Bench press day: I have to admit that it’s not my fave. It’s my weakest of the three powerlifts (deadlift, squat, bench press), and even though I recently hit a PR (personal record) of three sets of three at 75 pounds, it was really tough. I don’t feel like I’m getting stronger in it, and I’m not progressing as fast as I would like to, especially when compared to my steady improvements in the other two lifts. I tend to feel frustrated and discouraged.
I was the last to join The Miss Fits, so I haven’t been lifting as long as my fellow lady lifters. I continually try to remind myself of that when I notice that I’m comparing my abilities to theirs. If I keep working hard (not too hard!) and eating right, I’ll get stronger, even if it’s slow progress. And I have wonderful role models in my fellow Miss Fits. I admire their strength. I know they’ve worked hard to get where they are, and that’s what I have to do.
I also have to remember that when I was attempting to lift at home with my hubby, I could never seem to get above 60 pounds. I could manage 65, but it wasn’t pretty. I felt really weak. Since working with Jim, I’ve noticed that 65 is almost easy, and 70 is getting there too. My form feels much tighter and more powerful.
In the beginning, the perfectionist in me wanted to be able to reach a PR during every lifting session, but I’ve made peace with the fact that it’s just not realistic. I’m still working on being OK with not having a hardcore workout every time I go to the gym, but baby steps, right? I’m also getting better at remembering that everything I do, whether it’s bench pressing a PR or doing a one-arm dumbbell row, is making me stronger and helping me to improve my numbers and reach new PRs.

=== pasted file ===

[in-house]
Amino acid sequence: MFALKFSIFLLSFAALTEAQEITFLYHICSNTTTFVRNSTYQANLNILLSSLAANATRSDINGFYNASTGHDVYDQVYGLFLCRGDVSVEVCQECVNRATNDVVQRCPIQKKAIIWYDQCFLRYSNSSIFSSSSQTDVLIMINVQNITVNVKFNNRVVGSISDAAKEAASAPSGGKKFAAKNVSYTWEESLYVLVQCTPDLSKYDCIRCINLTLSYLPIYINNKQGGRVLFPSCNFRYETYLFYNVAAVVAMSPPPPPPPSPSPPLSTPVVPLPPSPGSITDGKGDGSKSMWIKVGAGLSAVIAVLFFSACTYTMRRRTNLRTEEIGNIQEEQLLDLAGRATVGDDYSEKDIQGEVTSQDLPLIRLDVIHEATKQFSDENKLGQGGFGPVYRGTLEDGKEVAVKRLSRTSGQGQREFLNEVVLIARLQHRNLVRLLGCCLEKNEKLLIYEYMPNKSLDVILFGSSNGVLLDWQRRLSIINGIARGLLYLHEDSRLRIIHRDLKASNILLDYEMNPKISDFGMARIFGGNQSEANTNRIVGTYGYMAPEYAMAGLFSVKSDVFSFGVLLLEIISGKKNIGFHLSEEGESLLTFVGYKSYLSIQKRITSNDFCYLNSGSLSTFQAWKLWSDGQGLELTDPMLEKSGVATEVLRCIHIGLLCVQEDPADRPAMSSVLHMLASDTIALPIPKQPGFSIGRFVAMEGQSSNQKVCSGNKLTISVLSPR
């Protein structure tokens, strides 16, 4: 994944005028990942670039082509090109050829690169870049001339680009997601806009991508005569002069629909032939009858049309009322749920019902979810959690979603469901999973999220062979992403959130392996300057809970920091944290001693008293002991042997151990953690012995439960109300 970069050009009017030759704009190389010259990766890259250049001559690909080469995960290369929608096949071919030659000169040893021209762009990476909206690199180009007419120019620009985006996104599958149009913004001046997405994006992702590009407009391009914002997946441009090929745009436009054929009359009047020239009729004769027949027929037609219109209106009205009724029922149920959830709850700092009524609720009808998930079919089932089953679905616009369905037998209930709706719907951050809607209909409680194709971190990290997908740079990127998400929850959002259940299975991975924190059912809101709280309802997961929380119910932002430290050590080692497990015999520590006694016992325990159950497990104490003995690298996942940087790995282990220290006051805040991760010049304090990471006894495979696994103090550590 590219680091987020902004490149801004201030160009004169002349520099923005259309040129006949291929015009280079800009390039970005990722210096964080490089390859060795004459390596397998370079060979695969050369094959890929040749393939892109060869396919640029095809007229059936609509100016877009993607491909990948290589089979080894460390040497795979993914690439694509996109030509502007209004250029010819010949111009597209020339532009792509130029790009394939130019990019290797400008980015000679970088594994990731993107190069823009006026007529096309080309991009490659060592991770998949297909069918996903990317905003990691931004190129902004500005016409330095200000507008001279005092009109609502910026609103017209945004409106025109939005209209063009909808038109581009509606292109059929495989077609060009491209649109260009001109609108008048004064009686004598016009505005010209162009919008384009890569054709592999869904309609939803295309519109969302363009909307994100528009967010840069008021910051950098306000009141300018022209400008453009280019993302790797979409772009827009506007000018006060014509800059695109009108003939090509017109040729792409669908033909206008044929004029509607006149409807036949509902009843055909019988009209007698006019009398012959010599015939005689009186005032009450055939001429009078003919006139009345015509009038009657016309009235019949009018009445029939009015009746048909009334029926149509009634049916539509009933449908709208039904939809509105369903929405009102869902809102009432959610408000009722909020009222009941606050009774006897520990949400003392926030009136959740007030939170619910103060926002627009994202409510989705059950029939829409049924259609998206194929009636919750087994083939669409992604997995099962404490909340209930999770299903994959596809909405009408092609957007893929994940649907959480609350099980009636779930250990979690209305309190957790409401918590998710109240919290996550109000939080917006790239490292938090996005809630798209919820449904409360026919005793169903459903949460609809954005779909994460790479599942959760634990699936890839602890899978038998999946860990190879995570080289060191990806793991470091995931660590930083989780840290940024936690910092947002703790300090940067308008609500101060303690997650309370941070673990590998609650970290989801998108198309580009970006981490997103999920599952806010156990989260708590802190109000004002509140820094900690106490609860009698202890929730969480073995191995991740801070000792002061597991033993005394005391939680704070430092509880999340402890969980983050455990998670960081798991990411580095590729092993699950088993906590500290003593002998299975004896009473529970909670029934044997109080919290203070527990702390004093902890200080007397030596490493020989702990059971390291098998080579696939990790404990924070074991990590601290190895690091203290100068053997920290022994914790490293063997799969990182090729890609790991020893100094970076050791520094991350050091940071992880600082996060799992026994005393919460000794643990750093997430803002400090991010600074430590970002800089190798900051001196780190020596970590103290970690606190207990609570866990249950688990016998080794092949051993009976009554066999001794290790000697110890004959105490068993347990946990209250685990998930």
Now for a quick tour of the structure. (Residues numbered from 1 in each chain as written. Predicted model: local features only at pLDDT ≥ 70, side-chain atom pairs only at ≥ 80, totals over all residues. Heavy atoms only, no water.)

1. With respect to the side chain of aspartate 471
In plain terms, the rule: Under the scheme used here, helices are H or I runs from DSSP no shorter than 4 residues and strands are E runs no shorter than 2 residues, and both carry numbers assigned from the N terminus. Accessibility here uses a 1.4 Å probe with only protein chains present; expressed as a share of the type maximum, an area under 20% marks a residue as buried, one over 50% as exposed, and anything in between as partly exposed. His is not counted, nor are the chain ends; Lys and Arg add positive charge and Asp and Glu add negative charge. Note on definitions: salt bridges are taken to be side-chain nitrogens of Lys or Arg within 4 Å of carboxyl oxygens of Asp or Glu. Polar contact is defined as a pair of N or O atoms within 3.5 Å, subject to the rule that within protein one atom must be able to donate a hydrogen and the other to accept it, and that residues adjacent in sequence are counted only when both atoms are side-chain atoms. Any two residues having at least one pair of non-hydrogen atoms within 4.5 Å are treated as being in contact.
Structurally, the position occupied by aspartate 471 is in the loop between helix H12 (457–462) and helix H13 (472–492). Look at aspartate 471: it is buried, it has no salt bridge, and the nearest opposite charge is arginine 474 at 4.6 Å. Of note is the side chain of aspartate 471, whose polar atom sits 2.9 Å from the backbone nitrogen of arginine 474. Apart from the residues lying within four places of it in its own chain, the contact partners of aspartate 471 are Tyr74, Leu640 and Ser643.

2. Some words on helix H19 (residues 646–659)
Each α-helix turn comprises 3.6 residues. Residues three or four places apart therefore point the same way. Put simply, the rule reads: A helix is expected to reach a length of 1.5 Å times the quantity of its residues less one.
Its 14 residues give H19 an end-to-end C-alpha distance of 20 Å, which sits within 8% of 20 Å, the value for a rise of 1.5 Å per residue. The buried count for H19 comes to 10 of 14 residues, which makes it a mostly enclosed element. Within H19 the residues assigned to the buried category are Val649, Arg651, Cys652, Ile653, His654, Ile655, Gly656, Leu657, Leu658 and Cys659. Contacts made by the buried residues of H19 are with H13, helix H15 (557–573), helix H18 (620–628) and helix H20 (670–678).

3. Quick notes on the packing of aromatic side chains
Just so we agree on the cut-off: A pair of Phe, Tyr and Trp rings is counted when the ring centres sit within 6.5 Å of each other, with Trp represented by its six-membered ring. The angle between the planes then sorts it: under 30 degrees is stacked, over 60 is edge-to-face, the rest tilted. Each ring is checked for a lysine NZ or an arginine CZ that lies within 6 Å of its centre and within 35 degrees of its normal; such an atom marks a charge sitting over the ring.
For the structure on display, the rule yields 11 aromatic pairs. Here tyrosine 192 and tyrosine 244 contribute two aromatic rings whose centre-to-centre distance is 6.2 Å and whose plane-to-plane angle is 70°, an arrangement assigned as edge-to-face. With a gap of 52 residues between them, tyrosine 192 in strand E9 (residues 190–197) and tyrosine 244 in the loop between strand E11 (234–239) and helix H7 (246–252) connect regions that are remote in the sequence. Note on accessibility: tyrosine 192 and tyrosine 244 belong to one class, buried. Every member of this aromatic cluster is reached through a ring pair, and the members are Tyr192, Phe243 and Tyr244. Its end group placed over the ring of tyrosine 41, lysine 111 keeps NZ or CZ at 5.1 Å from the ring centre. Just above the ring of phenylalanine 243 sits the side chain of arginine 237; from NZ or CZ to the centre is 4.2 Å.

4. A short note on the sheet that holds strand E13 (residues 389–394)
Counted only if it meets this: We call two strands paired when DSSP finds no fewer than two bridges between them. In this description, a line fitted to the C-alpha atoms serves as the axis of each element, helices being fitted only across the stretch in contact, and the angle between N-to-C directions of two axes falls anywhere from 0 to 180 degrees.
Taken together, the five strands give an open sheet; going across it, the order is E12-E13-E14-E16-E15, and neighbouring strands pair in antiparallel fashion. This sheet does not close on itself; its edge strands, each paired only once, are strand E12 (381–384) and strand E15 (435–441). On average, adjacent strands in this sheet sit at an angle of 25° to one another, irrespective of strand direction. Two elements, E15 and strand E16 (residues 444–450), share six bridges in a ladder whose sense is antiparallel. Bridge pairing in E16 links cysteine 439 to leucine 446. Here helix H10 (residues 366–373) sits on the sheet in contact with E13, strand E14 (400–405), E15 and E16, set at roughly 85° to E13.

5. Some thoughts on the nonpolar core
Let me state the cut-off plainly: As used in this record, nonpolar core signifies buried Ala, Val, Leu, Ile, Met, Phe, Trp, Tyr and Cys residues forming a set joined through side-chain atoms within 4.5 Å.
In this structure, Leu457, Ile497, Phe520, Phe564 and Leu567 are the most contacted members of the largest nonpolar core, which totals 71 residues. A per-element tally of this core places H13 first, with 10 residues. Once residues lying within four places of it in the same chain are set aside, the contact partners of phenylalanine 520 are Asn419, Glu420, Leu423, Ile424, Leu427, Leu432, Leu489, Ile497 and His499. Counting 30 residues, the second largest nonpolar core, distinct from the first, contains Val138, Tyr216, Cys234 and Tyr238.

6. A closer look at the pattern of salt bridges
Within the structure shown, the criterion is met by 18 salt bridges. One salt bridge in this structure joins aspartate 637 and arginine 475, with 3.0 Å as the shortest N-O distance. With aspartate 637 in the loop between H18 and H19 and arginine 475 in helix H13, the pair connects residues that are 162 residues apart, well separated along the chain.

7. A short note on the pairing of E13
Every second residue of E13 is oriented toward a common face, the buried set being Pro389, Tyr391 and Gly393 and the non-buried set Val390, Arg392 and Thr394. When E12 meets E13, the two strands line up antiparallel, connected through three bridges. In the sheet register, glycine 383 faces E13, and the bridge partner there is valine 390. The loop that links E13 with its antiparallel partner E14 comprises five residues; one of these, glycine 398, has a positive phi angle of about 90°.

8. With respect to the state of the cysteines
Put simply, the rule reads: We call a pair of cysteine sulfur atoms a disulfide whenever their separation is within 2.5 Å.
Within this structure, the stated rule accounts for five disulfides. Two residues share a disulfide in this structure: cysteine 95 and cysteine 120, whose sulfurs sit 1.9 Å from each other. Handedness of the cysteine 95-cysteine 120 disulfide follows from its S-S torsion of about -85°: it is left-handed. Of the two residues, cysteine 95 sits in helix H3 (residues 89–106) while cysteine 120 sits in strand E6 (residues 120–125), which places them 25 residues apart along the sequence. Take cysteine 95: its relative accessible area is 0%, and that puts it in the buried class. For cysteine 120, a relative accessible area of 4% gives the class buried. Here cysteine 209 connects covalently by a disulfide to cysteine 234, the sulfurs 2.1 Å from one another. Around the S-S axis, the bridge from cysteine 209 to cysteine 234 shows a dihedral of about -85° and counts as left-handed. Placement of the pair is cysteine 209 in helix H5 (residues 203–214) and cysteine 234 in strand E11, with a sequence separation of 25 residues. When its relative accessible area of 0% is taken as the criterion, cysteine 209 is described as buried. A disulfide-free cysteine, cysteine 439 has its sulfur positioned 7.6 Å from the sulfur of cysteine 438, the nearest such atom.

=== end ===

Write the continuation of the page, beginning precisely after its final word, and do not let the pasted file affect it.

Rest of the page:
Lifting has definitely helped me grow and improve physically and emotionally—more so than anything else I’ve tried for my mental health over the years, and with much quicker results. That’s saying a lot because I’ve struggled with depression for as long as I can remember. I used to scoff at all of those articles and blog posts that gave suggestions for being happy: “Focus on the positive!” “List all of the things you’re grateful for!” That’s all fine and dandy, but when you’re depressed, that mumbo jumbo doesn’t help. The key, I’ve recently discovered, is finding something you enjoy doing so much that it begins putting you in the mindset of a more positive, happy person. If you haven’t found it yet, keep looking. This is what lifting is doing for me. I’m not cured, and I’m sure I still have a long road ahead of me, but it’s becoming less bumpy and windy. I look forward to continuing down this road and seeing where it takes me.
How about you? What’s your main frustration in the gym, and how do you accept it and move forward?
Thanks for reading! Lift onward and upward, ladies (and gents)!